Pretending to feel the warmth of sun rays on my neck, I walked from the garden to the kitchen my thoughts were distracted by the telephone. Having lifted the receiver I immediately knew Mysterious Vee voice was awaiting my ears. Her journey this time was the eclectic rhythms of the Japanese soundscape.
As we mull the prospect of a successful vaccine and a return to enjoying live music. I would guess the artist I’ve seen more in concert over the years will be Johnny Dowd. On one occasion travelling from Bristol up to The Band Room (properly the greatest small venue on earth, according to the Hanson Family) on the North Yorkshire Moors. The Thunderbolt, Bristol, gig on the 19th October 2016 was also a particular joy too.
If you’ve never come across Johnny Dowd, his musical style may be difficult to define although the term maverick is often applied. Zappa, Beefheart, Waits, Cave and a big drop of wry, dry humour forced into a kitchen blender on full speed and left unattended to spin. Amongst his various release’s I tend to migrate back to the No Regrets album, 2012.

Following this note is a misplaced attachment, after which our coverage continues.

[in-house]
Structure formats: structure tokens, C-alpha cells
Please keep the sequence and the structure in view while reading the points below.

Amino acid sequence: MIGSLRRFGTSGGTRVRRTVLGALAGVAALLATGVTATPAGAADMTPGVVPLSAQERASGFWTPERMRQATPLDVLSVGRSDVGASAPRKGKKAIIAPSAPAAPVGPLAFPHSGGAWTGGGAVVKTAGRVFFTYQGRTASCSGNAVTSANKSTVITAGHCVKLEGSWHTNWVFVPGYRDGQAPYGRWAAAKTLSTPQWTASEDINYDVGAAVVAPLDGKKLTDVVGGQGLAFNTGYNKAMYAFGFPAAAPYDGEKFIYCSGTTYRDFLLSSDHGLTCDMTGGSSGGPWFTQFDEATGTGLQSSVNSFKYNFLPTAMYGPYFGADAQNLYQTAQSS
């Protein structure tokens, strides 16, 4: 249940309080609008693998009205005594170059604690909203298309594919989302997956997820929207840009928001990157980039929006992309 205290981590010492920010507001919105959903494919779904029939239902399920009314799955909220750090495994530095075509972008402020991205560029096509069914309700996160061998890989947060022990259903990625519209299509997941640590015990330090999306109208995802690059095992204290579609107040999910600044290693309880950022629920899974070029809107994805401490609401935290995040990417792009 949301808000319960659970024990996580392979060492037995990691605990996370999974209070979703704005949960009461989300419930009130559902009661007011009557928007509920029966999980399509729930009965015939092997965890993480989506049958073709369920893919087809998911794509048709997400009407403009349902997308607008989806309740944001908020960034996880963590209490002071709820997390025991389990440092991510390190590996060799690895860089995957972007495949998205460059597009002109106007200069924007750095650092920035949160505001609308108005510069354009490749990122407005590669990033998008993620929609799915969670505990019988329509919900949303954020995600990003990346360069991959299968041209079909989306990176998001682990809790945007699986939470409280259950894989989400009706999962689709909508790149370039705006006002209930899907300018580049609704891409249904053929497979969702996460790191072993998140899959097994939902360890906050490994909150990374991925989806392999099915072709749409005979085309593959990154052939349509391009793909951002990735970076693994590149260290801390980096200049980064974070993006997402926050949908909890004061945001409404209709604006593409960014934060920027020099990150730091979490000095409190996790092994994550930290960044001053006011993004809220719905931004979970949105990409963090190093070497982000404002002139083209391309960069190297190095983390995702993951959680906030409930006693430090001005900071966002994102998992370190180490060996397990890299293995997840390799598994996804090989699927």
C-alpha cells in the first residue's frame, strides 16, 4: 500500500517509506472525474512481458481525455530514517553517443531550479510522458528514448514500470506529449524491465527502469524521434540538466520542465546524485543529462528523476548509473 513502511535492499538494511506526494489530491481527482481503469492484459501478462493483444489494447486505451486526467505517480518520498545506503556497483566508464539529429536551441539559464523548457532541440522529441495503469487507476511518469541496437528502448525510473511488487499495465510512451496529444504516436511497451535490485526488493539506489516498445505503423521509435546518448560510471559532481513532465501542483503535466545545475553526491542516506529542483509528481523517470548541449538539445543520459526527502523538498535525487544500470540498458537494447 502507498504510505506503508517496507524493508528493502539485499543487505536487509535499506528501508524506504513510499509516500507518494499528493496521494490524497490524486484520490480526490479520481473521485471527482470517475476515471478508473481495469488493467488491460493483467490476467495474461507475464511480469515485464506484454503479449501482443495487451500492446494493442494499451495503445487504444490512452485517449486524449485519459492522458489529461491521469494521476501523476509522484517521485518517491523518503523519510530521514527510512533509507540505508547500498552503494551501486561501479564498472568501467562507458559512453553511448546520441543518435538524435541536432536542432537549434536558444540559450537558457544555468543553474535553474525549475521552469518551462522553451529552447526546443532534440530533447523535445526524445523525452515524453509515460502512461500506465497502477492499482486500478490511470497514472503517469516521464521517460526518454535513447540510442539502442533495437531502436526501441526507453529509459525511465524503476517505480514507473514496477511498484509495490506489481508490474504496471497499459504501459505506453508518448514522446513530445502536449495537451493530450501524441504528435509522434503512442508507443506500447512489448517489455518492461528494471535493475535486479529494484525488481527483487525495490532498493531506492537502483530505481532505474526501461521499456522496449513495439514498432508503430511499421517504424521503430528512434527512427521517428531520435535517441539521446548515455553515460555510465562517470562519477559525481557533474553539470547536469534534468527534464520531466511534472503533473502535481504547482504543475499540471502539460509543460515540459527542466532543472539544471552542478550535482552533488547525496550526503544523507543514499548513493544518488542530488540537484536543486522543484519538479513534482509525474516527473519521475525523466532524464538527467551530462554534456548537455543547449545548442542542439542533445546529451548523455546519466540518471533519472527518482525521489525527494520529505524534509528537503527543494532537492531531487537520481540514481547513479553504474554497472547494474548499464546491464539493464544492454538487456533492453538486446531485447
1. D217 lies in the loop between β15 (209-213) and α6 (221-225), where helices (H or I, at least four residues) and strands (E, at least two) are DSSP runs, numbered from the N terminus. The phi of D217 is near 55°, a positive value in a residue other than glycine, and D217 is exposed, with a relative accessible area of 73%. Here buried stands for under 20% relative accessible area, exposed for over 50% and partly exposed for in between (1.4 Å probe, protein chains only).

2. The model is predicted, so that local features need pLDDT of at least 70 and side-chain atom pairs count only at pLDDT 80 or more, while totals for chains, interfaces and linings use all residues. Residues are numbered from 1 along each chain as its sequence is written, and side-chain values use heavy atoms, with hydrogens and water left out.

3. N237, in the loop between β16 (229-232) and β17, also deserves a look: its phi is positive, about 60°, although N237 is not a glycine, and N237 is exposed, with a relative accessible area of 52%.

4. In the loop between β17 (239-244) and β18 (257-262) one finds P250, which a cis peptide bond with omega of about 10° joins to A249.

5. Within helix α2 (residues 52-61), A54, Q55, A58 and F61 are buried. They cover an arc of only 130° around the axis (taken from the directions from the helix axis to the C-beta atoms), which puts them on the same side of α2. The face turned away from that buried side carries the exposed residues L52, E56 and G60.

Mysterious Vee calls from a telephone booth in rural Punjab, Indian, and brings another collection of artists and tracks, some well known and some not so. Her theme in this episode of Lost In a Wide Open Field is an exploration of artists, some known and some not so, who have utilised the honourable synth.
Mysterious Vee presents over one hour of classic Krautrock from a telephone booth located in the centre of a Wide Open Field. 10 tracks spanning the genre, some have long been deleted and are fearlessly sought after by obsessive collectors. Including in this bunch, you will find an improvised nugget from Can during their a John Peel session in the 70s.